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Effective spectrochemical analysis depends upon three components of the apparatus. Two of them, the detector (including such elements as plates and photocells), and the light disperser (including prisms, gratings, and now echelles) are relatively well understood and perfected. The third
and most significant of the three, the light source, has proved a more difficult problem. One line of attack used fairly recently, however, has been on the atmosphere around the arc. Air, the usual medium, has one major failing, namely, the interference of the cyanogen bands accompanying the
reaction between atmospheric nitrogen and the electrode carbon. Other gases used in place of air not only overcome this disadvantage, but provide several additional advantages which may prove to be as important as they were unexpected. The reasons for these gains are still not understood,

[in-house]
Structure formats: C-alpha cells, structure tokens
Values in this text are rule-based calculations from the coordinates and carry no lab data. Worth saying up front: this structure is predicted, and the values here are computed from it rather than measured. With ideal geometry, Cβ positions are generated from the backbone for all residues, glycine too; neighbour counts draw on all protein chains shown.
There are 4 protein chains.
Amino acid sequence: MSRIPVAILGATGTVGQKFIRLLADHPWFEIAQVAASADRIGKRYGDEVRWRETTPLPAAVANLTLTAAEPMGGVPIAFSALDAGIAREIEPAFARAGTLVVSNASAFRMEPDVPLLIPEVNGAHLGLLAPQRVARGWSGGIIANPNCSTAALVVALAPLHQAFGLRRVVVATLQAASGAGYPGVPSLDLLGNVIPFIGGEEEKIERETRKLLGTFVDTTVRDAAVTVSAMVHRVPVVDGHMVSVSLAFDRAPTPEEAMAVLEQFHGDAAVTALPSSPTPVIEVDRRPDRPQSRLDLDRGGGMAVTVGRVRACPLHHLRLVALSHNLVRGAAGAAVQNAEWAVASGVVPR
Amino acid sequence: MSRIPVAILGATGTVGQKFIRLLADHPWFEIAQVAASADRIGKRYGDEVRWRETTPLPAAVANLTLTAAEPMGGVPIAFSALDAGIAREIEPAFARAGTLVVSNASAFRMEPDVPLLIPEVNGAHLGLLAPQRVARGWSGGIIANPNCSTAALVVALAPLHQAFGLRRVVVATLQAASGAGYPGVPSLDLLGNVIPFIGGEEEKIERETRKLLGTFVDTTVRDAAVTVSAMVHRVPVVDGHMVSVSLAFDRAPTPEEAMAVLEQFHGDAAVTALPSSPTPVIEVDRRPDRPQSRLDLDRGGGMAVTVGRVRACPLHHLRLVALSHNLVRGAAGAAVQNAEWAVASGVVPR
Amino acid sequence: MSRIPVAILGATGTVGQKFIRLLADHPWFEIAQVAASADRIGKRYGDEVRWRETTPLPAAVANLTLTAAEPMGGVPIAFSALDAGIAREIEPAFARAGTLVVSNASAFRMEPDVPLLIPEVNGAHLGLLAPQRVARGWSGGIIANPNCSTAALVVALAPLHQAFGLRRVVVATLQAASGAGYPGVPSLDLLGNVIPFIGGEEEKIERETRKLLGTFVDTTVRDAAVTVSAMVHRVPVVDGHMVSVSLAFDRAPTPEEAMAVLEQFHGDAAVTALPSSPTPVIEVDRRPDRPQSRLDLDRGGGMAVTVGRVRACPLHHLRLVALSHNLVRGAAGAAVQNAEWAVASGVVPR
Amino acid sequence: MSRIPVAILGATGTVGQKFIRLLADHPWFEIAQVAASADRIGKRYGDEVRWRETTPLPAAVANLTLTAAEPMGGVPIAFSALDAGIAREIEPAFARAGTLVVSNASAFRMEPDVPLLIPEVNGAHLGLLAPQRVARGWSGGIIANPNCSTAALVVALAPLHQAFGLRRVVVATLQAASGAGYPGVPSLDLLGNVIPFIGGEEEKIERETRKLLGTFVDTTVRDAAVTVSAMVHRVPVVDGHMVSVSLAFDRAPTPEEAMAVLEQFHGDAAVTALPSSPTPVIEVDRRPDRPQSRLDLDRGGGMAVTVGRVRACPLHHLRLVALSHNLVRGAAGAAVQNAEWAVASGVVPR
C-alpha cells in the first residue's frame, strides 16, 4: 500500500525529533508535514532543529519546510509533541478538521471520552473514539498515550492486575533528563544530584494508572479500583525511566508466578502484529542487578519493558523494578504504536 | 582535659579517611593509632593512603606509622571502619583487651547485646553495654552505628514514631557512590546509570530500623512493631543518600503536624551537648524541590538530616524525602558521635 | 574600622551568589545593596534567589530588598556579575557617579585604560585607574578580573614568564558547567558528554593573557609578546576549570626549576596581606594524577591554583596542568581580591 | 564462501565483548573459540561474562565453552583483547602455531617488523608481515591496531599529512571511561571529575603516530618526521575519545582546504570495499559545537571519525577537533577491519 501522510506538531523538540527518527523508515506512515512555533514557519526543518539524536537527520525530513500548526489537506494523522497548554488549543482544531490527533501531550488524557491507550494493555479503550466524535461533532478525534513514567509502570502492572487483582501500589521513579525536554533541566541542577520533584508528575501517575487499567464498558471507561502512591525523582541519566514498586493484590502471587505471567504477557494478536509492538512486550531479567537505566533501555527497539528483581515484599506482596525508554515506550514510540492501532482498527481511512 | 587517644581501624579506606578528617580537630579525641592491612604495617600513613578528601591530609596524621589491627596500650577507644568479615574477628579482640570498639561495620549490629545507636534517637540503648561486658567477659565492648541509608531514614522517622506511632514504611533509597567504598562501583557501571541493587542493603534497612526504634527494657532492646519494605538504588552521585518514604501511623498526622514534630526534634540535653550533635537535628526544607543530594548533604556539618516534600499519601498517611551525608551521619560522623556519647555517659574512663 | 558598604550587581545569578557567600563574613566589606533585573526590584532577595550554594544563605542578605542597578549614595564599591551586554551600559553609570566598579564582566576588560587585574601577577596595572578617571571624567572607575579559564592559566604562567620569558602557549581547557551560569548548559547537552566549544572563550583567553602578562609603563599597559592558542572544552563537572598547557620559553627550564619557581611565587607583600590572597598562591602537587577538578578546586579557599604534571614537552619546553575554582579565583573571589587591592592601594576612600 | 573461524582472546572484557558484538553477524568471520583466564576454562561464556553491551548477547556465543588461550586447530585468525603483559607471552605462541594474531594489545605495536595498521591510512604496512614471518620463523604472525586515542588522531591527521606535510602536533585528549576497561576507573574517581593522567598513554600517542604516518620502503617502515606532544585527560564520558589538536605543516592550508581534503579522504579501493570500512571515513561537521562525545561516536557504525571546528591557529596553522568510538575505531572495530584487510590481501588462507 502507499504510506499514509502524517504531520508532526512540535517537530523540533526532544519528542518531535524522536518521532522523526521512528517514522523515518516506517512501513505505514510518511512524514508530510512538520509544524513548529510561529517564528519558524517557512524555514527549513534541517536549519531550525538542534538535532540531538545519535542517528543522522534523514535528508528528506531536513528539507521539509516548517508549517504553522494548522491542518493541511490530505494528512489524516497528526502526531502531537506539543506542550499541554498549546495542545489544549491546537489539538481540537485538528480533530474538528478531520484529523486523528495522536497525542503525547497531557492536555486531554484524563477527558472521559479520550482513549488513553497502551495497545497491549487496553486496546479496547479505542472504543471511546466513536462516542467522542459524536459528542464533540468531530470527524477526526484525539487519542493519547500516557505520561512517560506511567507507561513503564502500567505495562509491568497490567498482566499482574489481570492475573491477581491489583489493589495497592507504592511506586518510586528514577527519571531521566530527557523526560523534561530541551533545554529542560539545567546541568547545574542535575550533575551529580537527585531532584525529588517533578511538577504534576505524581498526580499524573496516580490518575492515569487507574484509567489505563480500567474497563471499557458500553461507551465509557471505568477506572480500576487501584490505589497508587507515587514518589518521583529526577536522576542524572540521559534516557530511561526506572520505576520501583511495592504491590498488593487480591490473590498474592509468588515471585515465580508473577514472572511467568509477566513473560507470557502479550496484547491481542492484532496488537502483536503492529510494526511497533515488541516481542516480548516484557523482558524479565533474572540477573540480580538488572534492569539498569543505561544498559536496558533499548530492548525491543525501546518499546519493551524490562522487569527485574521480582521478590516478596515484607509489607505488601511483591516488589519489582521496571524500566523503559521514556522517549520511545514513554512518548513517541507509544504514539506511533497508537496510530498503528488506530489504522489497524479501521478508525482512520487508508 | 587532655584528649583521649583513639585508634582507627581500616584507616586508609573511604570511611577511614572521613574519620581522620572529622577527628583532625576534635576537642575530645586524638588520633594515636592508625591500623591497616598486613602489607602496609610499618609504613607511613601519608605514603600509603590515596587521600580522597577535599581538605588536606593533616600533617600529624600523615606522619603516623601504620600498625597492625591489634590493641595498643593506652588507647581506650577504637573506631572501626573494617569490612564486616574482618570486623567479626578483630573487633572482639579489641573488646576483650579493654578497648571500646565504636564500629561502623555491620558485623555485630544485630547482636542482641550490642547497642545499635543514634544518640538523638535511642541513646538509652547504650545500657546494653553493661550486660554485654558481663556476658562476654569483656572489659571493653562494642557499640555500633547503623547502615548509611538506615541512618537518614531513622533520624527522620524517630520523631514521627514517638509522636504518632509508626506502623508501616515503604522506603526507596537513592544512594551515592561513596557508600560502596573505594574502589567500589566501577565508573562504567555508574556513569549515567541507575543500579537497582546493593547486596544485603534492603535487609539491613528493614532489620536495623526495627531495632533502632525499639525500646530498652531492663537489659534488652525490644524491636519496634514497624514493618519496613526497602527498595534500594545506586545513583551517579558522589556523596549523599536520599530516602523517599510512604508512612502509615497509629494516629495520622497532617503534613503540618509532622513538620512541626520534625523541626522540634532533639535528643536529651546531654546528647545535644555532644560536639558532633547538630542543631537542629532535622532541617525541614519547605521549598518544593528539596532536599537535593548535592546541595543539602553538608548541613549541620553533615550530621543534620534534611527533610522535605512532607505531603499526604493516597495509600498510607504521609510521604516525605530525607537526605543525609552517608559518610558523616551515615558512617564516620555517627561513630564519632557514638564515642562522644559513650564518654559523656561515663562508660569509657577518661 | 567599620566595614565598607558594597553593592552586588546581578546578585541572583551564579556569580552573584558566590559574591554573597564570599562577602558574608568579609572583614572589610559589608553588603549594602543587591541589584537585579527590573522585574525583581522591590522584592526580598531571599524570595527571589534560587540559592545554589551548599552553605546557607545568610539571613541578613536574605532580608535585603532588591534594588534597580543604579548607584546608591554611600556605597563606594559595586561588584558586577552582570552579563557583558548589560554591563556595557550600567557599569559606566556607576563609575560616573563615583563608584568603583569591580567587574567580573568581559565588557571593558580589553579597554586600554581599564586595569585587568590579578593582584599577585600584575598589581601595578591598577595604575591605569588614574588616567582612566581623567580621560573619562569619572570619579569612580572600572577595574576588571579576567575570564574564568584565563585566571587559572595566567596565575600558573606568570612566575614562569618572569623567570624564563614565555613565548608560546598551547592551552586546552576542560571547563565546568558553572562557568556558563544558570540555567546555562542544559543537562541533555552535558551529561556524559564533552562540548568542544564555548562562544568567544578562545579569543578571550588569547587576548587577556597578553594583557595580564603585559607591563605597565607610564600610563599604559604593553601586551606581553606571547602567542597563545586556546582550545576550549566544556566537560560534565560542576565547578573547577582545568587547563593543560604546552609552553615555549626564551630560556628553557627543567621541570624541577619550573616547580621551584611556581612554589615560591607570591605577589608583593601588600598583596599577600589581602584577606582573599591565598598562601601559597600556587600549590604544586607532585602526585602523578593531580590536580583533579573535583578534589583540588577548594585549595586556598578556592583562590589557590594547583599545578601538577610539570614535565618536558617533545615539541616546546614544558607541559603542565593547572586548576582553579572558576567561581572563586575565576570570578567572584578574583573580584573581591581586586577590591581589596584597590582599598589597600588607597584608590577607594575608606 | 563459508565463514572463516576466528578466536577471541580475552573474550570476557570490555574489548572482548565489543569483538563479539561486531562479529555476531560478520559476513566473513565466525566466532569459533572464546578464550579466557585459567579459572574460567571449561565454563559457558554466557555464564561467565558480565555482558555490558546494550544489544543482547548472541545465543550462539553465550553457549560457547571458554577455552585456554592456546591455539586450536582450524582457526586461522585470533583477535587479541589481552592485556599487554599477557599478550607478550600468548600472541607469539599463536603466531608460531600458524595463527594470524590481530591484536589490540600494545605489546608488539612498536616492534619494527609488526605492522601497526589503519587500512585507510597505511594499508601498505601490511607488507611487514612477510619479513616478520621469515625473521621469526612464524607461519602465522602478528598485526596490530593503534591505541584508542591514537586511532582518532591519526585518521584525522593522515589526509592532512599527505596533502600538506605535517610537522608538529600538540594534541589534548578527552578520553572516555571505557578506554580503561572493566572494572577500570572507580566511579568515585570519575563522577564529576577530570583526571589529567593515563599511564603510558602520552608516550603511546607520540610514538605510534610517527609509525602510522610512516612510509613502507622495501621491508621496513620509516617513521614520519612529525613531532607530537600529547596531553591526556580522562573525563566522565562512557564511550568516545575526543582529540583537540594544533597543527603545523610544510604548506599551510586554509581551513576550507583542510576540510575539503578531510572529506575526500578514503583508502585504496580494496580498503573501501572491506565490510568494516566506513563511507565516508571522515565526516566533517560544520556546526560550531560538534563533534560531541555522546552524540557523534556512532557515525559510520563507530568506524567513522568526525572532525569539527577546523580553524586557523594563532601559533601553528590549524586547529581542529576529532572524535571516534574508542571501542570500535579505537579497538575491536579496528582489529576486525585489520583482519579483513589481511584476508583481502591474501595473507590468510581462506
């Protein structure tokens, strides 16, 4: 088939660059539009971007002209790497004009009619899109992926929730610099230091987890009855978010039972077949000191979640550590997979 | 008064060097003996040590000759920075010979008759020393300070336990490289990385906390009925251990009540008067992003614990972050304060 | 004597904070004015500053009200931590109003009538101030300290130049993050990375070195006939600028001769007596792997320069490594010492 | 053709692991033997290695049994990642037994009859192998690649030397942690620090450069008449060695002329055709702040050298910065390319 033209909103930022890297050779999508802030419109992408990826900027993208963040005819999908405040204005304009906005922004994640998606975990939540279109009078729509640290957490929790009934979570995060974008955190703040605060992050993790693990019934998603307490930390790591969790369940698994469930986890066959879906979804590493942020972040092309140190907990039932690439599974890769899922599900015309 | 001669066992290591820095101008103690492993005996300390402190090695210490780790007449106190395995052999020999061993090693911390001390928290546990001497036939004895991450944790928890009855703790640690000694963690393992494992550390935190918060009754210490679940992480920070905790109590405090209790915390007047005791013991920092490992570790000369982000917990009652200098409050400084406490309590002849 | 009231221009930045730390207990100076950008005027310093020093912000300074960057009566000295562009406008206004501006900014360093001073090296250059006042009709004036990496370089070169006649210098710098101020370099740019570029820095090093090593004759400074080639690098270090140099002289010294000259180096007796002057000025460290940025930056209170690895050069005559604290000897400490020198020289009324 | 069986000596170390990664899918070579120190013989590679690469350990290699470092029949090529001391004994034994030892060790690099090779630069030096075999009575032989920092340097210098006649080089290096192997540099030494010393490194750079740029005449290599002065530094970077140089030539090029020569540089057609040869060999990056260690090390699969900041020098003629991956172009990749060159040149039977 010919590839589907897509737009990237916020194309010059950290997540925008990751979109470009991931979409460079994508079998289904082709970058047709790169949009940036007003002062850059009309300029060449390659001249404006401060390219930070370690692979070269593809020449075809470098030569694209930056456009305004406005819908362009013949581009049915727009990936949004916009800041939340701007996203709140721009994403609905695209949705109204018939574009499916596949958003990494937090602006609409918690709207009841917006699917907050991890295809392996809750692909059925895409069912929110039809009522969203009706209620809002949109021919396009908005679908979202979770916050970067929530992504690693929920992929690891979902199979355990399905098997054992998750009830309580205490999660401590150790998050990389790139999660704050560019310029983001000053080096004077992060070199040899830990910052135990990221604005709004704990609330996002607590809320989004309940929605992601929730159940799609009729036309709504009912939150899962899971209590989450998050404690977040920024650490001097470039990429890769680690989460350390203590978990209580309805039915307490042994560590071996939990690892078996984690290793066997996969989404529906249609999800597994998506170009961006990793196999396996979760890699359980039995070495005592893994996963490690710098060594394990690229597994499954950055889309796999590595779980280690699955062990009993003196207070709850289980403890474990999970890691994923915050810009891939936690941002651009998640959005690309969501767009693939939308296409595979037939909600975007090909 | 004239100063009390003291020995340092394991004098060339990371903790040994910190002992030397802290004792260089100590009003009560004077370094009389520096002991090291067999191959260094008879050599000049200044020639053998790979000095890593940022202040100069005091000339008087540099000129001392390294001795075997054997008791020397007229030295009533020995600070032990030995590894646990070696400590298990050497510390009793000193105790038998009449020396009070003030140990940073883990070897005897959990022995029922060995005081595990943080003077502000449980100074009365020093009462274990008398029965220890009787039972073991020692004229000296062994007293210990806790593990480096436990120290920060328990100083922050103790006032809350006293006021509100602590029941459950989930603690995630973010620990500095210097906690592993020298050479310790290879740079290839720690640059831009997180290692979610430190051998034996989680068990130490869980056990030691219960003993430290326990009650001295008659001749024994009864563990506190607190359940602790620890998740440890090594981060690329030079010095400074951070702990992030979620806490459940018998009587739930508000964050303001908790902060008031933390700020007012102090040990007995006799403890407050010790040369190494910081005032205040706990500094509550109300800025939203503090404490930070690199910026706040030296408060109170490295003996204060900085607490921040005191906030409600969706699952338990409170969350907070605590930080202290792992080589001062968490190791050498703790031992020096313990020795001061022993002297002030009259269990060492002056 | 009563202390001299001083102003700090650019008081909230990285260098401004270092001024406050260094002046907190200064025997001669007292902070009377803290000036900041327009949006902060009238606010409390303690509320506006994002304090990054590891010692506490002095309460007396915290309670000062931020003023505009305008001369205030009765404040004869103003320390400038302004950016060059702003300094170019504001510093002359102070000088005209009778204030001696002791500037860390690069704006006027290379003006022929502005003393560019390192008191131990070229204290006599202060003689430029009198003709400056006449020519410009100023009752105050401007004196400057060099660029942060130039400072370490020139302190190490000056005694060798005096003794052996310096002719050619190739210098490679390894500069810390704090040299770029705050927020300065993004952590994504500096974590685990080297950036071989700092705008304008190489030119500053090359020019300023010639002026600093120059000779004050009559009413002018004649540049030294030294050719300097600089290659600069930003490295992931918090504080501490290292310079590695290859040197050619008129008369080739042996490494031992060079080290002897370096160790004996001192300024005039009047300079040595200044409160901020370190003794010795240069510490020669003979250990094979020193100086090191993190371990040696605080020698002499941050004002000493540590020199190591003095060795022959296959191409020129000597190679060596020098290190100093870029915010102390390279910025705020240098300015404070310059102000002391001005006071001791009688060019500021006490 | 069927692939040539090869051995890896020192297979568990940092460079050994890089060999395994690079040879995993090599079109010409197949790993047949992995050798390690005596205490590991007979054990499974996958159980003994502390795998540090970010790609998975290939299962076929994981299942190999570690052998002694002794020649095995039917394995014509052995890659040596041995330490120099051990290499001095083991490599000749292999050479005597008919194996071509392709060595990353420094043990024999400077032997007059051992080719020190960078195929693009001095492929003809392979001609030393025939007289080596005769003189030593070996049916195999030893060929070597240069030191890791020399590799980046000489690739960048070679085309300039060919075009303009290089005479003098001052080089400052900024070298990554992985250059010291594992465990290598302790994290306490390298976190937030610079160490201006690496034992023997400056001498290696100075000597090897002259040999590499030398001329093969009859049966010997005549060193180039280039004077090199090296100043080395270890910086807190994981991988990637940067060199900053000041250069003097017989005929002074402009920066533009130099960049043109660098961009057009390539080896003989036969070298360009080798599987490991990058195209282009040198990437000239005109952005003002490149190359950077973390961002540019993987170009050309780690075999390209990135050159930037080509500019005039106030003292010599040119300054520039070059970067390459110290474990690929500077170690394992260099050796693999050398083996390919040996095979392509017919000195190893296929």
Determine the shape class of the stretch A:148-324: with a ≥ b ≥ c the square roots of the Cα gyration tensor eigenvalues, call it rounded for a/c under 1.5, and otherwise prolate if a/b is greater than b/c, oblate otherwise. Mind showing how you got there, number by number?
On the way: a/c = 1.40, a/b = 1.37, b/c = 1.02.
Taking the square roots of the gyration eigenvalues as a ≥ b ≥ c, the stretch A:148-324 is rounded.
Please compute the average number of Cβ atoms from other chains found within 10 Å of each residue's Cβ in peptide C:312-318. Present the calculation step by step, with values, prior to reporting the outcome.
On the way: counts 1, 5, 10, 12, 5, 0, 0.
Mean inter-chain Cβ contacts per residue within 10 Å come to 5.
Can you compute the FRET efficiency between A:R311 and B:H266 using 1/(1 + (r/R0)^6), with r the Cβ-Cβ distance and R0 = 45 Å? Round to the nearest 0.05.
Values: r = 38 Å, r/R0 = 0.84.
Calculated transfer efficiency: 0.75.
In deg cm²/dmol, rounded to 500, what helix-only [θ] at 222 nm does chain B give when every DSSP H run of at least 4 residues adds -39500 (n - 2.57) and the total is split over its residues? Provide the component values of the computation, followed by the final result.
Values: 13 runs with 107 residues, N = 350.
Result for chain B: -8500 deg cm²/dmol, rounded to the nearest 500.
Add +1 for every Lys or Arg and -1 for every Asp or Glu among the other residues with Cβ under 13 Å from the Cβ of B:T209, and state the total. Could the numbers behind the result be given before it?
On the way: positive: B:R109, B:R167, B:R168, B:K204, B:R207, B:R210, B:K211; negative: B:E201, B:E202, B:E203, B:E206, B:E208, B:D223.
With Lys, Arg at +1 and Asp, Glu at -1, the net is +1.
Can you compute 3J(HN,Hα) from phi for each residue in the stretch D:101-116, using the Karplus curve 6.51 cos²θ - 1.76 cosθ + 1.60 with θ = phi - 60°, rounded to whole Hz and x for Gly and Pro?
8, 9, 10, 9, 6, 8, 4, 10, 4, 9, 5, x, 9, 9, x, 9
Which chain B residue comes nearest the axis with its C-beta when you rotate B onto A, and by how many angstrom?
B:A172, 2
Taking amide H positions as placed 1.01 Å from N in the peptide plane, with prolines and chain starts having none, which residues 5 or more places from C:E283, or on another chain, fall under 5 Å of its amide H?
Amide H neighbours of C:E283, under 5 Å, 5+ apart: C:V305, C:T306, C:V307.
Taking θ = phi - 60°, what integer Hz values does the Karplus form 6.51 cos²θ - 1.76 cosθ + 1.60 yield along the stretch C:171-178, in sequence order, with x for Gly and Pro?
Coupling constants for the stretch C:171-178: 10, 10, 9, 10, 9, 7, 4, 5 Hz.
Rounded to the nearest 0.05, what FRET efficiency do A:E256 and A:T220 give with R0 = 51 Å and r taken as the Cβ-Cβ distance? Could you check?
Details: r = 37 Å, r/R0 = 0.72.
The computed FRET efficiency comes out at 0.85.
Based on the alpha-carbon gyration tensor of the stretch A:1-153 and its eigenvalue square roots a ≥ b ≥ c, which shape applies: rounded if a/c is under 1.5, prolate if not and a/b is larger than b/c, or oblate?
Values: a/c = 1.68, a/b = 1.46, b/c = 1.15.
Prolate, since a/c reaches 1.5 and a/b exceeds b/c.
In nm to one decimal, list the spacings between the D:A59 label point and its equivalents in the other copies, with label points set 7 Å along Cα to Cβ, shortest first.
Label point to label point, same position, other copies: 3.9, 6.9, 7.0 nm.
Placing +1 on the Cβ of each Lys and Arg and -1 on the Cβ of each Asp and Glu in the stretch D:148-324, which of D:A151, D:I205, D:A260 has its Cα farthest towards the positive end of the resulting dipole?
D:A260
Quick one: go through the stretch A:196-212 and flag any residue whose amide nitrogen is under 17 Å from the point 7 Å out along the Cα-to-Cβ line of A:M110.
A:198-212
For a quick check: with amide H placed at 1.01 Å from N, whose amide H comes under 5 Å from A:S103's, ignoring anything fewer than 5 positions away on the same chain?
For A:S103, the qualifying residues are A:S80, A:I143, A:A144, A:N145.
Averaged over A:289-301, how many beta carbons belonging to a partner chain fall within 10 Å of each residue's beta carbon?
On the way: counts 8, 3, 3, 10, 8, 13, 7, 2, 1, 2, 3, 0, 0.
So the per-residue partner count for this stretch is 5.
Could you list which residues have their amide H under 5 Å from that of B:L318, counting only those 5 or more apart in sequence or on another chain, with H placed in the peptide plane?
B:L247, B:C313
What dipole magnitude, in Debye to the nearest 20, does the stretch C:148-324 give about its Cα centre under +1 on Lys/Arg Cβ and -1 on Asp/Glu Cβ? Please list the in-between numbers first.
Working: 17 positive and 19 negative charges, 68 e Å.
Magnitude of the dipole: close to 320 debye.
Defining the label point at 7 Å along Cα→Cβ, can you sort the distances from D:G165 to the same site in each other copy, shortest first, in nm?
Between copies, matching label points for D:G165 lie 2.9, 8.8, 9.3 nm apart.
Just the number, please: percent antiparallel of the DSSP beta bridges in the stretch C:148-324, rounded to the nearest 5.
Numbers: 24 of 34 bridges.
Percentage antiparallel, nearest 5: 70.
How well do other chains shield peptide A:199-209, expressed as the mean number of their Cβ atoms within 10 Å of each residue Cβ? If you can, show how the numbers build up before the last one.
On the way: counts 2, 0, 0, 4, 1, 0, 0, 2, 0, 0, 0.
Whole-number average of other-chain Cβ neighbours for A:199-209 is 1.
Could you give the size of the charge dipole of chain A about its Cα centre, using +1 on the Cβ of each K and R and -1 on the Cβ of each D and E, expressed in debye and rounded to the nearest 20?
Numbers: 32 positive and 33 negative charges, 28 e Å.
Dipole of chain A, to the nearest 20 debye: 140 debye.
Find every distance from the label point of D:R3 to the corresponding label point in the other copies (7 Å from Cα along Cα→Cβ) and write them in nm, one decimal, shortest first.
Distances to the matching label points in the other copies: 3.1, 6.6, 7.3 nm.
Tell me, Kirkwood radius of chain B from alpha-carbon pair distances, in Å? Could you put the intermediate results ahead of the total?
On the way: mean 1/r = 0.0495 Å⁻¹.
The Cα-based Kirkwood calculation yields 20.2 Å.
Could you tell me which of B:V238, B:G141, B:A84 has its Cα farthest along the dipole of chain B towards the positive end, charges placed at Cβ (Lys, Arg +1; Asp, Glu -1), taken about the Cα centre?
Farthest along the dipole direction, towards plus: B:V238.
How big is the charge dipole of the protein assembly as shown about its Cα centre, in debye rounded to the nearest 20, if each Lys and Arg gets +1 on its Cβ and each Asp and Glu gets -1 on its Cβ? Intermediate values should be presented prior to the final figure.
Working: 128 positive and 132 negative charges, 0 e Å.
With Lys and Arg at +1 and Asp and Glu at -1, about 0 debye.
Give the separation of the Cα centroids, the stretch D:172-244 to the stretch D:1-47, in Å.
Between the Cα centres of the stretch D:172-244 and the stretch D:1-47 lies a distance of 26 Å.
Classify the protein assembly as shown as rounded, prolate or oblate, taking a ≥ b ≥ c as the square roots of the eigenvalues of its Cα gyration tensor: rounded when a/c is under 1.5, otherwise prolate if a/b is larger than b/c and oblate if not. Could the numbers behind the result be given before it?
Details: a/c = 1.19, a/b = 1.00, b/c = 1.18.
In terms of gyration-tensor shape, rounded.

and painstaking trial-and-error selection of the best medium for a particular analysis is still necessary. Nevertheless the gains realized from operating a source in artificial atmospheres are frequently great enough to justify each analyst in trying all available gases for his own peculiar
circumstances, problems, and apparatus. In addition to the control of source environment by varying the gas around the arc another approach to the problem is possible: that of varying the pattern of the gas flow around the arc.
Pratt Trace Analysis Laboratory, Department of Chemistry, University of Virginia
Publication date: November 1, 1953
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The Society publishes the internationally recognized, peer reviewed journal, Applied Spectroscopy, which is available both in print and online. Subscriptions are included with membership or can be purchased by institutional or corporate organizations. Abstracts may be viewed free of charge. Previously published as Bulletin (Society for Applied Spectroscopy)